One day, the Count is paid an unexpected visit by a man named Osip Ivanovich Glebnikov, former colonel of the Red Army and an officer of the Party, who wishes to learn the Count’s secrets of being a gentleman. To develop certain diplomatic skills, for he has noticed that the Count is not reconciled to his position. Rather, he is resigned to it, with grace and style.

But these two characters are not my favorite. No, I am enchanted with Nina, the child whom the Count befriends, and with whom he plays, in the lobby of the hotel. Then suddenly Nina is grown up, and she comes back to leave her daughter Sofia with the Count. This little girl is now in his charge. She sleeps in his room on a mattress hoisted above his with cans of tomatoes stacked on top of each other. She invents a game with him called Zut (after the French phrase, “Zut alors!”) which is the only thing one can exclaim when one has run out of answers. They are utterly beautiful to read about, as Sofia grows up, and their relationship grows with them.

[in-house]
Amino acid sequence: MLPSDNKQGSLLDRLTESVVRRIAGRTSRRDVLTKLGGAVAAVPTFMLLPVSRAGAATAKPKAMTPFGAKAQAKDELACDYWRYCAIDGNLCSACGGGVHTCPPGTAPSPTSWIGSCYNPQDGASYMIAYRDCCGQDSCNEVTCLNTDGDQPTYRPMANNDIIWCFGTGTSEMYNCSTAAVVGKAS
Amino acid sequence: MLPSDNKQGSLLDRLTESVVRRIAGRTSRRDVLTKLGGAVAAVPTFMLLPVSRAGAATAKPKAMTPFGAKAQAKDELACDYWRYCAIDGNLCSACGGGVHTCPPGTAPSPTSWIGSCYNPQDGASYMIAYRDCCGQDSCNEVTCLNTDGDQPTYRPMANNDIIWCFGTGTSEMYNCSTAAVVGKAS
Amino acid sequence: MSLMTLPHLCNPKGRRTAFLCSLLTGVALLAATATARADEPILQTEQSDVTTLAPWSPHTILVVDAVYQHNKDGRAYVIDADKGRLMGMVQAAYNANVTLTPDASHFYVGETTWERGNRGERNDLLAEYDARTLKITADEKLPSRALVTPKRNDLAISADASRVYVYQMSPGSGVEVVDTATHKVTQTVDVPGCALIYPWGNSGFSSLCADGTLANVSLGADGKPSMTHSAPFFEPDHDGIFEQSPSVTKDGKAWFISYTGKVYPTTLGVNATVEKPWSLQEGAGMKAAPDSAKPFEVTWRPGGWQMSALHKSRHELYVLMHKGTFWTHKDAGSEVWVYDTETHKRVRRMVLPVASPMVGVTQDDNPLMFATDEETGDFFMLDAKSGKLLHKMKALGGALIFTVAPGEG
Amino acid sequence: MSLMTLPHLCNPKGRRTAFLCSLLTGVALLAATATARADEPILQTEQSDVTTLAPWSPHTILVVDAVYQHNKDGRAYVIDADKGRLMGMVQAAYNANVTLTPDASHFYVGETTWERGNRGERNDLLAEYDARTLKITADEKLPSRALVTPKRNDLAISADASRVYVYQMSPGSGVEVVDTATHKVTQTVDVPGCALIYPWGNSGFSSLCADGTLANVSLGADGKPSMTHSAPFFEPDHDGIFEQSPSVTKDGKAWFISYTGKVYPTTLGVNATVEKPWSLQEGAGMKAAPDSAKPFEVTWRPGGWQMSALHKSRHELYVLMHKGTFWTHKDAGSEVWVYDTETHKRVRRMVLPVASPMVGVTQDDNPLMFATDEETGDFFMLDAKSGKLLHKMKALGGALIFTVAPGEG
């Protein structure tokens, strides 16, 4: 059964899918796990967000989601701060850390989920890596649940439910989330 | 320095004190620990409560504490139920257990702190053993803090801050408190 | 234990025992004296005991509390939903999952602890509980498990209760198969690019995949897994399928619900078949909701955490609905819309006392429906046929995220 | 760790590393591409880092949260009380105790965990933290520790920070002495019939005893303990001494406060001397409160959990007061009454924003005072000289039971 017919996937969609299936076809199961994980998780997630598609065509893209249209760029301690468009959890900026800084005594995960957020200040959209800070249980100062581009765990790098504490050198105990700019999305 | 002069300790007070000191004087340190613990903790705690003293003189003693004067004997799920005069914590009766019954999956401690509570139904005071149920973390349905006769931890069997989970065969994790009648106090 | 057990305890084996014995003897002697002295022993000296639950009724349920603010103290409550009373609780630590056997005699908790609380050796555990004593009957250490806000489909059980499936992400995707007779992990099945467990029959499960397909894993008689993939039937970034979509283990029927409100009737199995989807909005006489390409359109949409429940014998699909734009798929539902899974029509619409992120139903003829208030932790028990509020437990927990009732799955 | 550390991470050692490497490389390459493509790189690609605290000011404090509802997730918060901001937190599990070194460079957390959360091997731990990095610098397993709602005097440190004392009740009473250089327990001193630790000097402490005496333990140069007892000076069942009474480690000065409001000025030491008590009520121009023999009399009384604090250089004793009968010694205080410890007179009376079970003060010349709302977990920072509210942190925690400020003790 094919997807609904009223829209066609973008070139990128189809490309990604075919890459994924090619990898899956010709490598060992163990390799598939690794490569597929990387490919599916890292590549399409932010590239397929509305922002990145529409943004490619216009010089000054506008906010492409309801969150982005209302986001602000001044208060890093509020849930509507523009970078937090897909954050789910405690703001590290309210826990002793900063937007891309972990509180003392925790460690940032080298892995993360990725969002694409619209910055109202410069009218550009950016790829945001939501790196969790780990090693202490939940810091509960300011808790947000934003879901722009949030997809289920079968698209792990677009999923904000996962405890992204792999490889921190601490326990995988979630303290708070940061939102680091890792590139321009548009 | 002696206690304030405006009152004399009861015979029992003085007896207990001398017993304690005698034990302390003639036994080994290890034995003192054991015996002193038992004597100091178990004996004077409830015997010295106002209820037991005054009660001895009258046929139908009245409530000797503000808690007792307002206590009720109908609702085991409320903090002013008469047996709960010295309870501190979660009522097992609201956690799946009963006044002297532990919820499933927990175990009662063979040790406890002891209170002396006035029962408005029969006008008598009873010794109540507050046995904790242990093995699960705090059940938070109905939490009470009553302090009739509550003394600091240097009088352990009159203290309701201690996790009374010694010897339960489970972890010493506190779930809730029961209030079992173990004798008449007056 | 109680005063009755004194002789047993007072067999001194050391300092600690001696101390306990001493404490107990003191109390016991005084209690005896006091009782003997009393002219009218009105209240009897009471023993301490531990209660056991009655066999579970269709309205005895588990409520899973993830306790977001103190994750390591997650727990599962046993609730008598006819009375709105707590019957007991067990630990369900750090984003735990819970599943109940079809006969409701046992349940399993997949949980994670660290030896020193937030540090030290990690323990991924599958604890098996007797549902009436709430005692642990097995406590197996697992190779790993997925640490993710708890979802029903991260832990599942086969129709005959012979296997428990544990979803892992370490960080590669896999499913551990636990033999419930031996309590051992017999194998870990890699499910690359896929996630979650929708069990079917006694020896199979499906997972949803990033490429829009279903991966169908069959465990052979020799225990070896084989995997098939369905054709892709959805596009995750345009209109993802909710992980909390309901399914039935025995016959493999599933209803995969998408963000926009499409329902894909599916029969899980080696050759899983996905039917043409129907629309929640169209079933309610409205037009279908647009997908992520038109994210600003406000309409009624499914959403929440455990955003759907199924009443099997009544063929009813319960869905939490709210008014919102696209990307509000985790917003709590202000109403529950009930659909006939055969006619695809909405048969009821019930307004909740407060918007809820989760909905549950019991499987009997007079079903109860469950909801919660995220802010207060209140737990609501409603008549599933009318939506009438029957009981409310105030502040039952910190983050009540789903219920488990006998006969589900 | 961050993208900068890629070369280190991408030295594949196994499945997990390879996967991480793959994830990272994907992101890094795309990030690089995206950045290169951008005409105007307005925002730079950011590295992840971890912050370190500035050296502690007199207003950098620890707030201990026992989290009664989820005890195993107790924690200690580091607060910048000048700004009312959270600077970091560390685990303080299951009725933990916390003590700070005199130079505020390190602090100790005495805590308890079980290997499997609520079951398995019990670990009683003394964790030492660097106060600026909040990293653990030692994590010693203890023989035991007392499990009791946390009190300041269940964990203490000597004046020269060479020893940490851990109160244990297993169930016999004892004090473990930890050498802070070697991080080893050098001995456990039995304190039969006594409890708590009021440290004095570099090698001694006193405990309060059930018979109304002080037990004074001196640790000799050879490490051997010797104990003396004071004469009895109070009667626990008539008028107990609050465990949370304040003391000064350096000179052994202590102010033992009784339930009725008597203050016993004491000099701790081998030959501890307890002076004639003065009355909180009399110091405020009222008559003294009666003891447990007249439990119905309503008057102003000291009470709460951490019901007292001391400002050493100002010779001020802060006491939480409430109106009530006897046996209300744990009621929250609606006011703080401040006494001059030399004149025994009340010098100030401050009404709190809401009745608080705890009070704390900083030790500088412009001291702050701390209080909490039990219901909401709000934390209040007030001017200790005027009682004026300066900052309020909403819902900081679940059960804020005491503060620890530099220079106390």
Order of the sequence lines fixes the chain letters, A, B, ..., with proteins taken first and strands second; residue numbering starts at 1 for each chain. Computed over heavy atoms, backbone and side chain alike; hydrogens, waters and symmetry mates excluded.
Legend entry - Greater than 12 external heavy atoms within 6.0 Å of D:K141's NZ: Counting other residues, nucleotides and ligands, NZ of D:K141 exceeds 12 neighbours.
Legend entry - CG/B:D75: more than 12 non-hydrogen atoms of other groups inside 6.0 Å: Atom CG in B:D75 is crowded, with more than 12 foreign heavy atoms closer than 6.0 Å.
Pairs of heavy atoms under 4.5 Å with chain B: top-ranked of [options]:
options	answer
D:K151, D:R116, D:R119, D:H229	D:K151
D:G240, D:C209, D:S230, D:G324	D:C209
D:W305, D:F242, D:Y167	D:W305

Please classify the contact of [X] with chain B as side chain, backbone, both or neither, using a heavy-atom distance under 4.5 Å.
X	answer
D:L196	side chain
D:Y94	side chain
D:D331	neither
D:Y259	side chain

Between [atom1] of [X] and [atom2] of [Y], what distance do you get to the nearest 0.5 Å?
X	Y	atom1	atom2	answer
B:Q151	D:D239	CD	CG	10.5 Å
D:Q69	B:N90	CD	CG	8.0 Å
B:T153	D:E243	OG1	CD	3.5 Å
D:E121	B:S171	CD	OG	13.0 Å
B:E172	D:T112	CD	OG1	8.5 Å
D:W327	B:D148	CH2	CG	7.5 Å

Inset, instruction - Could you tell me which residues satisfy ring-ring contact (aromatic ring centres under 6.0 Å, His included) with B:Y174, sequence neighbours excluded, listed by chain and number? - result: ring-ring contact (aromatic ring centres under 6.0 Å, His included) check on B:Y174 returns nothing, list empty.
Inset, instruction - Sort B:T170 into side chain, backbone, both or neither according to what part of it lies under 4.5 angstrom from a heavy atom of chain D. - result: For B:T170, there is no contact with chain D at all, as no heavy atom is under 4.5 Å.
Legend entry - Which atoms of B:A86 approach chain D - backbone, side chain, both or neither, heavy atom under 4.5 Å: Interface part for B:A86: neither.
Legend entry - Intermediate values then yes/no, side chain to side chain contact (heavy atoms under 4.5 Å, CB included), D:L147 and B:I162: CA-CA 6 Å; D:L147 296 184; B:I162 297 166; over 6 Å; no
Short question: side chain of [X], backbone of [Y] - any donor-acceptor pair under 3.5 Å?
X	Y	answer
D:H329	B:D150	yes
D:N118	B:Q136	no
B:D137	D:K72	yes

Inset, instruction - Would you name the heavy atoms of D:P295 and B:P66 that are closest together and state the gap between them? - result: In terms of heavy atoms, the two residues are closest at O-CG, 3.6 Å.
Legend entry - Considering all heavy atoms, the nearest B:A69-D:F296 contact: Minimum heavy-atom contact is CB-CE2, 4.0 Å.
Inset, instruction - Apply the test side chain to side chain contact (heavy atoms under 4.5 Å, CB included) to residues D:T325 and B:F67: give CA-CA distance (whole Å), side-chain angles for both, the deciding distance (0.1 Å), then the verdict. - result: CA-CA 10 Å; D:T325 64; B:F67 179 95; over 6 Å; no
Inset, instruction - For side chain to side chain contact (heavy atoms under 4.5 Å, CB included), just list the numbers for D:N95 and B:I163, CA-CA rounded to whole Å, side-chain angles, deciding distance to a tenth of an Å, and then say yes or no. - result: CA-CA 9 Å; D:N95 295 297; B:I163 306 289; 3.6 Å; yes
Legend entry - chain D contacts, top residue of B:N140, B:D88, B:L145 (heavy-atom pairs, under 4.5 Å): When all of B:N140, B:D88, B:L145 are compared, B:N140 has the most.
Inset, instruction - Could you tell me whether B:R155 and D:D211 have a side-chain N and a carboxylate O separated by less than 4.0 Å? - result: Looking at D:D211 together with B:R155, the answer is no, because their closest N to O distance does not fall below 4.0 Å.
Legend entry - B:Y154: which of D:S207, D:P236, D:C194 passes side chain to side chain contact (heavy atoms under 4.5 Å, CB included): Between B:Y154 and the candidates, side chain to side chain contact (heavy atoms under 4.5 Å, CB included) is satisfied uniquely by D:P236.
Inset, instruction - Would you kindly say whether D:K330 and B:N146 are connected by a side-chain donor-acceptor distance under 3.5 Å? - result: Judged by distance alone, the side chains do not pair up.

This novel is about Russia, and politics, and the time period from 1922 to 1954. But, it is mostly about the Count, and his friends, and life lessons seen from the interior of one hotel which somehow seems to encompass the whole world.

“I’ll tell you what is convenient,” he said after a moment. “To sleep until noon and have someone bring you your breakfast on a tray. To cancel an appointment at the very last minute. To keep a carriage waiting at the door of one party, so that on a moment’s notice it can whisk you away to another. To sidestep marriage in your youth and put off having children altogether. These are the greatest of conveniences, Anushka-and at one time, I had them all. But in the end, it has been the inconveniences that have mattered to me most.”

The publishers have granted me one copy to give-away, to a U.S. address only please, so if you wish to enter the drawing please mention it in a comment below. A winner will be drawn one week from today.

 

Thank you to all who entered! The winner of A Gentleman in Moscow provided by Penguin is Lesley of Prairie Horizons. Congratulations, Les!